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Discharge advice for patients following daycase cardioversion

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What happened during this procedure?

You have had a short acting general anaesthetic, and then treatment which aims to get your abnormal heart rhythm (arrhythmia) back to a normal pattern.

This has involved sending electric signals to your heart through electrodes placed on the chest.

Will it hurt?

You may find your skin a little sore for two to three days after the procedure, particularly where the pads were placed. You may also have some bruising on the chest which will fade in a few days.

You may take paracetamol for this discomfort and we may give you some hydrocortisone cream before you go home if your chest is red.

You should have someone to stay with you for 24 hours following the procedure as you may feel drowsy and should rest especially if you feel sick or dizzy.

Should I limit my activities?

Please refrain from smoking or drinking alcohol for the rest of the day after this procedure.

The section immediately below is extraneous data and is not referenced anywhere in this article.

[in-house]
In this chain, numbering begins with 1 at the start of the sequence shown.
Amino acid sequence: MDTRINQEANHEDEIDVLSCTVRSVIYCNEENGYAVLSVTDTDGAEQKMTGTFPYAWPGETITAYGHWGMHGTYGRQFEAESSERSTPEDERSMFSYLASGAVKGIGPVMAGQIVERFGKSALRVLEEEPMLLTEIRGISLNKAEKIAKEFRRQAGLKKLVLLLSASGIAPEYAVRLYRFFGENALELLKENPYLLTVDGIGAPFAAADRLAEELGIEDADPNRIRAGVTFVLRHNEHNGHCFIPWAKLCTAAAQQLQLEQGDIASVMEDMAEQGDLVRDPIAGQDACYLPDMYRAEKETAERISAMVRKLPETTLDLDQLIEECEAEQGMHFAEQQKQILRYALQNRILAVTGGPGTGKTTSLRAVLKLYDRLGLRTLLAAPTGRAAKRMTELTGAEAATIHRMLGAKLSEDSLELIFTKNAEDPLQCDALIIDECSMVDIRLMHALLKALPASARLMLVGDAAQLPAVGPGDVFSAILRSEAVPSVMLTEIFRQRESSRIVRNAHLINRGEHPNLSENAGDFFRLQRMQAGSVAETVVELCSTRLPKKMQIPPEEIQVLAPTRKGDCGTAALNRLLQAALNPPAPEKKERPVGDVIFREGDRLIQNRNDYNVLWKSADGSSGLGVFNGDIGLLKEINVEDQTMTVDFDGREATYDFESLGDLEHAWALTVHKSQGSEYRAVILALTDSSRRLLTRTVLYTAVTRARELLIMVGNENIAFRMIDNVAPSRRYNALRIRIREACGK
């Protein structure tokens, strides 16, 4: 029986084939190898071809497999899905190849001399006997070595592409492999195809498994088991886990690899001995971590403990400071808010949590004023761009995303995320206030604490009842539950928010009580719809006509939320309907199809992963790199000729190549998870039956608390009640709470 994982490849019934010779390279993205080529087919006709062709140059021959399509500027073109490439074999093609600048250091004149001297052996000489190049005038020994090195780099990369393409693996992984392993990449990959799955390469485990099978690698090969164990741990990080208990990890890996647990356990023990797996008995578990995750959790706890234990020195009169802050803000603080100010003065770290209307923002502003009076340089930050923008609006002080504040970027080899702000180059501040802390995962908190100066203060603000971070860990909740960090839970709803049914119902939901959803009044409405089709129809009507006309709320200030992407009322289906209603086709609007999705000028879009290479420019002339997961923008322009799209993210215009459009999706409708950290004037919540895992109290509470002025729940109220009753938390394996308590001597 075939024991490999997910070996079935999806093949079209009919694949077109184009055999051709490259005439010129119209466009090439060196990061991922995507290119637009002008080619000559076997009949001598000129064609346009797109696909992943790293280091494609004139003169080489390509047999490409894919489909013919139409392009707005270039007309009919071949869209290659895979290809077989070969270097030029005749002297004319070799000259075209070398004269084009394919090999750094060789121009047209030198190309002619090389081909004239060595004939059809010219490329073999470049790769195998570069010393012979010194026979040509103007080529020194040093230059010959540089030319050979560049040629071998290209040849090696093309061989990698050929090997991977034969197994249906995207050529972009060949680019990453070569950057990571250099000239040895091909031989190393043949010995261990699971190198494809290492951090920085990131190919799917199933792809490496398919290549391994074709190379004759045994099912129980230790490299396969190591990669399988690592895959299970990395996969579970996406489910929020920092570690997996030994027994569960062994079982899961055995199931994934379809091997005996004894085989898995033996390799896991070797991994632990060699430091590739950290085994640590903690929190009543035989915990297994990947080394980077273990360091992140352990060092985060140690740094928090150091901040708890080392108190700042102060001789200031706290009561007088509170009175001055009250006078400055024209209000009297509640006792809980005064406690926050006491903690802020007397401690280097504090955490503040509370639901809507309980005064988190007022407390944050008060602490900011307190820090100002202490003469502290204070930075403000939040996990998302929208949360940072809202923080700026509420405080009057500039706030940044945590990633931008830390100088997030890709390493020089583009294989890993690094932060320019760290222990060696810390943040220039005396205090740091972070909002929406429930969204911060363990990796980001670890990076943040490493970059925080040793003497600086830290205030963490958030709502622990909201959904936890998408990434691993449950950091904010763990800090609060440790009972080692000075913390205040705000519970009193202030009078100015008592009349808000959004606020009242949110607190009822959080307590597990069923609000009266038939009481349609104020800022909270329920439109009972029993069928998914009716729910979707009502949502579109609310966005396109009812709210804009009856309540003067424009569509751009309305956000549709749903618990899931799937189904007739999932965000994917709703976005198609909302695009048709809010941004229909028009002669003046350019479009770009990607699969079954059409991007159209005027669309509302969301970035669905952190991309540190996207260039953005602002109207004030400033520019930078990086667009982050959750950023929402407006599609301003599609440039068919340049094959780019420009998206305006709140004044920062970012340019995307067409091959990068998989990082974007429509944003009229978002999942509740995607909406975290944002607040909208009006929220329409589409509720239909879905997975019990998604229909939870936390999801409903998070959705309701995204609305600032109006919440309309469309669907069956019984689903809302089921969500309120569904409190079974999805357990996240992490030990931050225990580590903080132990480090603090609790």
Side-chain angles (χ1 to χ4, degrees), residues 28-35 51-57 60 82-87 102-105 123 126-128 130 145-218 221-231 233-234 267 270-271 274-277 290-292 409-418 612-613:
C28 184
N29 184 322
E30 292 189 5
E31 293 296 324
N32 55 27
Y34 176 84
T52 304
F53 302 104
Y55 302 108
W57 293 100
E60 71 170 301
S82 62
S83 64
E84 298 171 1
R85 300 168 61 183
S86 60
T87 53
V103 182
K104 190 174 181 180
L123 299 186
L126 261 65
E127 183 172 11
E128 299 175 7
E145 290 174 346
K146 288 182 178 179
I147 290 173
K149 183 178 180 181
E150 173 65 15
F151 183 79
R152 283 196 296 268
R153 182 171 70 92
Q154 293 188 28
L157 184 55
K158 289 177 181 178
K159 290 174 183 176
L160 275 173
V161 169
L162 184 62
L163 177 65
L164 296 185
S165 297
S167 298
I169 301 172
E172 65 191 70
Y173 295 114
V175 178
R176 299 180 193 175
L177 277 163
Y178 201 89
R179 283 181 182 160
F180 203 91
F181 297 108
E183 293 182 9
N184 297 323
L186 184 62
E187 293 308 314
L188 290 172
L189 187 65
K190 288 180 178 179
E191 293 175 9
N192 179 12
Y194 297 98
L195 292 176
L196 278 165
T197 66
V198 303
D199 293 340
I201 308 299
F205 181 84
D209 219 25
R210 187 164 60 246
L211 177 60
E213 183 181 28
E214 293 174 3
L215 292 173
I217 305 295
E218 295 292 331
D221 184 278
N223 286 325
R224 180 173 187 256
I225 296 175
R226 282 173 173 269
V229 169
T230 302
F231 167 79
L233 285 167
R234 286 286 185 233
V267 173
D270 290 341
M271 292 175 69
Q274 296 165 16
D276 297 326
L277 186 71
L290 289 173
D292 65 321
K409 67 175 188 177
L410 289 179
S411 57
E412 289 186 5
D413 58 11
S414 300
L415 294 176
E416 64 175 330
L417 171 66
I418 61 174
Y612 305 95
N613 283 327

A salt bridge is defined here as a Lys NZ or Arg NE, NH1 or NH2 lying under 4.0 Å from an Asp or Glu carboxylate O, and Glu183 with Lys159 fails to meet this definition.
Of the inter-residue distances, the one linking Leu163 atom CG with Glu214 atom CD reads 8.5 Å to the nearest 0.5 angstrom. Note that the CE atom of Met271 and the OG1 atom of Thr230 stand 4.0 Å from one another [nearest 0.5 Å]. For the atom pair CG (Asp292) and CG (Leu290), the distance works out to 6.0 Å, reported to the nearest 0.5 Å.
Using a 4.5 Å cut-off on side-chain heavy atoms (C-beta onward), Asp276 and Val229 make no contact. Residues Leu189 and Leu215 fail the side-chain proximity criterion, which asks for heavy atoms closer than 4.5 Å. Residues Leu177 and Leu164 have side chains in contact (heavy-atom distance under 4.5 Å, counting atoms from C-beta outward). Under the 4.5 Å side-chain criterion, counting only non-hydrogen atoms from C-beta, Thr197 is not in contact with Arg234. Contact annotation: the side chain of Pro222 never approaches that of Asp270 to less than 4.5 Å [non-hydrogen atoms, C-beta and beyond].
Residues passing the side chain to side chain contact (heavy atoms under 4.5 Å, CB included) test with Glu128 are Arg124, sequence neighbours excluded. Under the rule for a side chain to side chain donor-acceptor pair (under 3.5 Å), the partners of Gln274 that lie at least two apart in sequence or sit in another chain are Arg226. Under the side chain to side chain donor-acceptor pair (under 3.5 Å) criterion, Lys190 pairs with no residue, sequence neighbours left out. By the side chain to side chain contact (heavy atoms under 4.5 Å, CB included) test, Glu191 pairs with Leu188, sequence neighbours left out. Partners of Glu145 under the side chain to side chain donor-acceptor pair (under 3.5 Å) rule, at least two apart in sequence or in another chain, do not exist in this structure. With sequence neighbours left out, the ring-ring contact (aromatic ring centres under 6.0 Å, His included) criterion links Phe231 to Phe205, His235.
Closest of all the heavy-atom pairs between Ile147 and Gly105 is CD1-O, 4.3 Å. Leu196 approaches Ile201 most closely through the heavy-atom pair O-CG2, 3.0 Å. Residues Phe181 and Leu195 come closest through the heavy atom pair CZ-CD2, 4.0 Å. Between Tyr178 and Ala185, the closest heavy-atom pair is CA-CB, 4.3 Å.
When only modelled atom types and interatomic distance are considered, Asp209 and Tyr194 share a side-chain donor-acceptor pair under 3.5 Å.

You must not drive a car, sign a legal document, or operate machinery for 24 hours following the procedure.

Should I keep taking my medications?

You should continue with your medications as instructed until your outpatient appointment.

If you are on warfarin, please continue having your warfarin blood test as instructed by the anti coagulation clinic.

What happens next?

You will receive a letter to offer you an appointment in the outpatient clinic in about three months time.

Contact details for the Cardiac Care Unit.

If you have any concerns specific to your cardiac procedure during your first week at home, please contact us:

Telephone number: 01273 696955, extension: 4484. You can call this number any time.


Arrhythmia Nurse Specialists: 01273 696955, extension 7041. Monday, Tuesday, Thursday, Friday, 8am to 4pm.


For more general concerns please speak to your GP.

Patient advice and liaison service (PALS)

We recognise that coming to hospital can sometimes be difficult and we are here to help, should you need it.

If you have any issues or concerns about your care it is always best to speak initially to the person in charge of the ward or department. If you’re not happy with their response, please do get in touch with PALS.


The information in this leaflet is for guidance purposes only and is in no way intended to replace professional clinical advice by a qualified practitioner.

Publication Date: August 2020

Review Date: May 2023

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